Roger Thomas, Bristol North Socialist Party
Fifty years ago, on 4 February 1971, the flagship British engineering company Rolls-Royce collapsed into receivership placing 80,000 workers’ jobs at risk. Workers were informed of the collapse over the Tannoy system while at their benches or desks.
The response of one trade union shop steward expressed the shock and anger: “We are fighting the Battle of Britain all over again”. In parliament, left-wing Labour MP Tony Benn called it a “major national tragedy, a grave blow to confidence in this country”.
Meetings of workers were held at the company’s sites, such as the one in Bristol on 7 February, involving local shop stewards and MPs; and frantic lobbying began to save jobs.
The newly elected Tory government of Prime Minister Edward Heath had made a virtue out of not saving what it called ‘lame duck’ industries, and it had consciously followed a programme of denationalising what it considered fringe assets like Thomas Cook & Son, the travel business, and several hundred pubs.
Too big to fail
But here it was faced with the potential collapse of one of the international powerhouses of British capitalism. Rolls-Royce played a huge role in national and international defence and in civil aviation.
Rolls-Royce had received substantial government assistance over the years, towards development costs. This had especially been the case in respect of the development of a new generation of engines, the RB211.
A cash squeeze developed as engine costs started to outrun the estimates, and the company considered it wise to develop an advanced version of the engine before recouping costs for the original. In 12 months the costs of development had more than doubled.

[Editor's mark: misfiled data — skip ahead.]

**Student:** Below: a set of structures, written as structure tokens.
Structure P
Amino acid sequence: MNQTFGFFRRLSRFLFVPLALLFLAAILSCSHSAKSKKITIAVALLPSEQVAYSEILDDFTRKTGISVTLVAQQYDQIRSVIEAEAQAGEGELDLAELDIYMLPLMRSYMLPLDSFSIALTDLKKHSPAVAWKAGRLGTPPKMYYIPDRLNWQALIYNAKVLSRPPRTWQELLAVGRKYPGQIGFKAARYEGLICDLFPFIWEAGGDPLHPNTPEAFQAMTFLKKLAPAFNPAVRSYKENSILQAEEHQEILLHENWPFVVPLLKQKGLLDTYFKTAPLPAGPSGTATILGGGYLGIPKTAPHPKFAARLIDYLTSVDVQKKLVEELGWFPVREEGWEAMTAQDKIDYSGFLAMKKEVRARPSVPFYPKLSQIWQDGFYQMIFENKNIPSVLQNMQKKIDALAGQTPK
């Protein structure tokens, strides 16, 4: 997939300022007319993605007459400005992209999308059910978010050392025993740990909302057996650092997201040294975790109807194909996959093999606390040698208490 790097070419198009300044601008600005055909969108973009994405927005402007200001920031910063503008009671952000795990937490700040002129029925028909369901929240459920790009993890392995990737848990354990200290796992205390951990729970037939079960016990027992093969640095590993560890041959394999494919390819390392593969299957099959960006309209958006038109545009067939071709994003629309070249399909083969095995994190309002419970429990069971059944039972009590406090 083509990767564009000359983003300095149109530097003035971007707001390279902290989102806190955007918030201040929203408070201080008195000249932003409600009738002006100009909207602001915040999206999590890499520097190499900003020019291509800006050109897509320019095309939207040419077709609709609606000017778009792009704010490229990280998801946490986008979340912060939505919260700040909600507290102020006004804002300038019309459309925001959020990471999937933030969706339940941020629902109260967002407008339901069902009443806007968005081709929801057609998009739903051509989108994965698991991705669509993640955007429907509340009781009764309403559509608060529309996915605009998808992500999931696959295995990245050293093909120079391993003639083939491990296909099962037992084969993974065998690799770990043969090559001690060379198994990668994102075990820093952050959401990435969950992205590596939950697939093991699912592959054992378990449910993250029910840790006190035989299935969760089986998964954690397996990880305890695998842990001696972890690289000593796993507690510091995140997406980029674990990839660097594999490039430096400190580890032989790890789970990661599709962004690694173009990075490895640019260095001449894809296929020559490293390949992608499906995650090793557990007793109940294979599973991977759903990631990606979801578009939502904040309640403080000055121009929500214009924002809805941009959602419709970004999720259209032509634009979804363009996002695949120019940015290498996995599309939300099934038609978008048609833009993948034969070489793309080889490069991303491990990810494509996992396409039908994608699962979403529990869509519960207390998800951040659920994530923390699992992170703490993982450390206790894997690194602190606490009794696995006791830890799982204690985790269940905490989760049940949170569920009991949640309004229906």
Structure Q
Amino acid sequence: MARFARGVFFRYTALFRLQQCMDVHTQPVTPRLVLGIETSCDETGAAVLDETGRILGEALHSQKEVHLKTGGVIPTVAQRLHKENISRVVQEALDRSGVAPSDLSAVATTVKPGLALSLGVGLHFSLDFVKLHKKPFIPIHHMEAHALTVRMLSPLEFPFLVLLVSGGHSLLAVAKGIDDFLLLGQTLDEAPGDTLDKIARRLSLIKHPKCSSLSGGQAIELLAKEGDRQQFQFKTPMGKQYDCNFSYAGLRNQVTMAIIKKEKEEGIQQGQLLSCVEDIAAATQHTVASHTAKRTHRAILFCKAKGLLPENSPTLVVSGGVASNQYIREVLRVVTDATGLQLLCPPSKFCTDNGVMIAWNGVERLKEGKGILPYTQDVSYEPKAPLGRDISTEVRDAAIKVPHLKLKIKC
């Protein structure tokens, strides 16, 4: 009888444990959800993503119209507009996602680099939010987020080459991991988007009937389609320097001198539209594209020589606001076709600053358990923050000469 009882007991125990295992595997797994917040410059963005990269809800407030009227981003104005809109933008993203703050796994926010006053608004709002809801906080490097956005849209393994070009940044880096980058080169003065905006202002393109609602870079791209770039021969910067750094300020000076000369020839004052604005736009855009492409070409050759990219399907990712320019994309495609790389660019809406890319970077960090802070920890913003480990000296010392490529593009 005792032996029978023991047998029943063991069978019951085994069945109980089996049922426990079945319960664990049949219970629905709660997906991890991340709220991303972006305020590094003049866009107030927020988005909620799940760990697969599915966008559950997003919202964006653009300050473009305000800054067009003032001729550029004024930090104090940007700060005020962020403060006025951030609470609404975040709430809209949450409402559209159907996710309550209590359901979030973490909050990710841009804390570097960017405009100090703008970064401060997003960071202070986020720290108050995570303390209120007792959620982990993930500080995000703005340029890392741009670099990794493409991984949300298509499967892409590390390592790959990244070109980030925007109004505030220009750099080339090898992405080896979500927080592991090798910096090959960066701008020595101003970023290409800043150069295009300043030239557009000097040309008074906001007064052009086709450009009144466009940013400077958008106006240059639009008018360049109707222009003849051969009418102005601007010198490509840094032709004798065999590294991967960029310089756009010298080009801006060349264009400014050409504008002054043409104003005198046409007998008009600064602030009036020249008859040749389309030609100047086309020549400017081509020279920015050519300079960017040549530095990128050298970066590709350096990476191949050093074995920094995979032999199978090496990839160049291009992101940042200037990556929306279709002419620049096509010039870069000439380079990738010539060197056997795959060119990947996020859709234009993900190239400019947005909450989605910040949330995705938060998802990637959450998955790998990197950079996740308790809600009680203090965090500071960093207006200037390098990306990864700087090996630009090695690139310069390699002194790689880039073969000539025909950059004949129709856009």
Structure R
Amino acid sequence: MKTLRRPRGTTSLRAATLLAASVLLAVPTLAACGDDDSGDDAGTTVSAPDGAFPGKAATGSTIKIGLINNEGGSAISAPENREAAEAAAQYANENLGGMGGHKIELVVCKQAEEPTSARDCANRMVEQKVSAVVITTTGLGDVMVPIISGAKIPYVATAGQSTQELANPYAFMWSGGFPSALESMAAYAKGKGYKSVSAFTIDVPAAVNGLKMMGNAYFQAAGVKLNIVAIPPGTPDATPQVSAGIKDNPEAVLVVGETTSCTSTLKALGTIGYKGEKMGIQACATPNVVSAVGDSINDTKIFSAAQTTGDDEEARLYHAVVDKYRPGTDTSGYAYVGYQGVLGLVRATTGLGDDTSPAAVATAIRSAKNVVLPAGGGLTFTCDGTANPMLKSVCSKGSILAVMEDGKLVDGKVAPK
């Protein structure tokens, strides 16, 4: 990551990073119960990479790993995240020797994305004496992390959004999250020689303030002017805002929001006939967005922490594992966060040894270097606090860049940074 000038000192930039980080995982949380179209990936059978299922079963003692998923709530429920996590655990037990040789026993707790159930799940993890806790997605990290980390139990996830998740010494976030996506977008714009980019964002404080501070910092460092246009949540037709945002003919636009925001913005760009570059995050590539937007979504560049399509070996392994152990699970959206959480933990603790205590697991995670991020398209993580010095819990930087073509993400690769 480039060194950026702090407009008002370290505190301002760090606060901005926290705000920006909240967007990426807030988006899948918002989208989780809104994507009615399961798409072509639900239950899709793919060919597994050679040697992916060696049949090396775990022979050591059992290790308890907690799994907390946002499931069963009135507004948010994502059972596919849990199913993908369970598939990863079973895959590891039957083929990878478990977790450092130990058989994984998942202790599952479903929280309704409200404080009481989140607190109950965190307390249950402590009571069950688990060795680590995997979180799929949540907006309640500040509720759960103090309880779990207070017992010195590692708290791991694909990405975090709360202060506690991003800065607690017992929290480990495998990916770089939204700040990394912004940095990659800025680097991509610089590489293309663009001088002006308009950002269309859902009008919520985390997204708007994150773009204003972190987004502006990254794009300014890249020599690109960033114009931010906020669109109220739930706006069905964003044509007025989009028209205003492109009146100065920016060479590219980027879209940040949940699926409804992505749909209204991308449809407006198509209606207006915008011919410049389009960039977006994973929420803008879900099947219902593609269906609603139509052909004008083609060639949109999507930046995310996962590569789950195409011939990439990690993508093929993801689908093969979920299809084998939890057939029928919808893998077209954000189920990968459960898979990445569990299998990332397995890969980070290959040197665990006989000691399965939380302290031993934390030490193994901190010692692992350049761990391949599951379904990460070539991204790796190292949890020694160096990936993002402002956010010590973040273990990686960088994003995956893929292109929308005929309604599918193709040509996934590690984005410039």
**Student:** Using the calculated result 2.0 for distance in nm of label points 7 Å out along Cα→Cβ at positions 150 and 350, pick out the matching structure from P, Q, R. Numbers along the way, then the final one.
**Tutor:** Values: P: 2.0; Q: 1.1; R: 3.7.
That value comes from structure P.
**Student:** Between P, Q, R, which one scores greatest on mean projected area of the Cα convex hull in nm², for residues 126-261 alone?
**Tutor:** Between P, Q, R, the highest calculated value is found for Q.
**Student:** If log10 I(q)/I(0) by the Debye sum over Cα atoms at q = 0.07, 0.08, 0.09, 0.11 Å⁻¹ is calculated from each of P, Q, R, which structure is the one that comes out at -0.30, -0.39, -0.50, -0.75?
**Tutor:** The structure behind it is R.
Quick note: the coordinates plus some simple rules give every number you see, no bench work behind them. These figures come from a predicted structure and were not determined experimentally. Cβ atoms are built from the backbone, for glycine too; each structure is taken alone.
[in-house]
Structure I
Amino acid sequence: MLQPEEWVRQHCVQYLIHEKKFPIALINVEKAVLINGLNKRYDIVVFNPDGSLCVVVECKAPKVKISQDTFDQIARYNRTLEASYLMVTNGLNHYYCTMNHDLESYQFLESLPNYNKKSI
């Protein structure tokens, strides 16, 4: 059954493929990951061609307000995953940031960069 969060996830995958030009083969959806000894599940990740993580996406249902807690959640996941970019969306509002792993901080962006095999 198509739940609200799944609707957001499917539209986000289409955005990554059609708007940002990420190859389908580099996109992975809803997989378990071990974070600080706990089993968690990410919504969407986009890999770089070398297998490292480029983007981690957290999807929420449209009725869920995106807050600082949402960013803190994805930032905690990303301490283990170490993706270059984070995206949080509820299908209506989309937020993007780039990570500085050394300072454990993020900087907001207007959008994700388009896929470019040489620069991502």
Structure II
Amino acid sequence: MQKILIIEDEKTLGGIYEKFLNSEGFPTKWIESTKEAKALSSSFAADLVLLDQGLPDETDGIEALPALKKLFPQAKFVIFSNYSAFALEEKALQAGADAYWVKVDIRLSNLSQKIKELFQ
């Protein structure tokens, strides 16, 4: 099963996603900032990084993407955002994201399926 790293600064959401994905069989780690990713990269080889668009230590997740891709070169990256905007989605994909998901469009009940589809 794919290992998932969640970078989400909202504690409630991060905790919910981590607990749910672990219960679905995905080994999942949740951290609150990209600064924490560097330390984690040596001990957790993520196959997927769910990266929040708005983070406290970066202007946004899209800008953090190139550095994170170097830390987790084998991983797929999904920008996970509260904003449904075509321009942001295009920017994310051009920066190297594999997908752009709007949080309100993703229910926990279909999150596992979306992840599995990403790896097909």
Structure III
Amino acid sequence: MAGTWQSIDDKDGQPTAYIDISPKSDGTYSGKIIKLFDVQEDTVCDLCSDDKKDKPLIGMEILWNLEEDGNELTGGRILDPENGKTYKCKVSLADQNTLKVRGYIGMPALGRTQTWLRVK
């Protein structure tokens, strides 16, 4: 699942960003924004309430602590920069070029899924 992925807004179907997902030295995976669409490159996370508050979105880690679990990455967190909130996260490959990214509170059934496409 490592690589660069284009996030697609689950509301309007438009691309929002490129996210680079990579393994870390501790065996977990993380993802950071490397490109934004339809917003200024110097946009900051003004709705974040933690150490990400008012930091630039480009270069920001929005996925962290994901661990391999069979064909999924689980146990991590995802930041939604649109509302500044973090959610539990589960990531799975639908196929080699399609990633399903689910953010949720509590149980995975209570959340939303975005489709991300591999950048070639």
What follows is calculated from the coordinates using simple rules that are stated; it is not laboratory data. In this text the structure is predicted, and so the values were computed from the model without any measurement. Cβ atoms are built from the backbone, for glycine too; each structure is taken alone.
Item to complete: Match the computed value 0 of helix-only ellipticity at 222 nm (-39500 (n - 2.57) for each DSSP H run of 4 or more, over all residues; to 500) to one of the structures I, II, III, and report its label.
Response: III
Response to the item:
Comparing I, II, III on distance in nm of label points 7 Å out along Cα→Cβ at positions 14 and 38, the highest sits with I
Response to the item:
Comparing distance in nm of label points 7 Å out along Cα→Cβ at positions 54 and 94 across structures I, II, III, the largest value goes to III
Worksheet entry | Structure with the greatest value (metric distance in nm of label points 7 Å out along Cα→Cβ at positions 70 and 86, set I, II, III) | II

The Conservative government agreed to a further £42 million in launching aid, with the banks providing a further £18 million as long as the company’s board was restructured with the arrival of Lord Cole, the former head of Unilever, as chair. This money did not arrive as it was contingent on a major audit of the company’s finances.
When this report became public all hell broke loose. Production costs per engine had risen to £460,000 – a loss of £110,000 per engine. The more engines they built, the bigger the loss.
On 22 January the board concluded that the RB211 development could not be met, and on the 26 January decided that, subject to consultations with the government and its main customer the US-based aircraft manufacturer Lockheed, the project should be brought to an end.
On 4 February they brought in the receiver. Trading in Rolls-Royce shares ceased on the London stock exchange, and the FT industrial index dropped 8.7 points, with the stocks of companies heavily linked to Rolls-Royce especially hard hit.
The government held two days of cabinet meetings before announcing that it would step in. Refusing to nationalise Rolls-Royce in its entirety, other sectors, like cars, were left to be disposed of by the receiver.
A government bill to take over Rolls-Royce was prepared and presented to parliament within a week.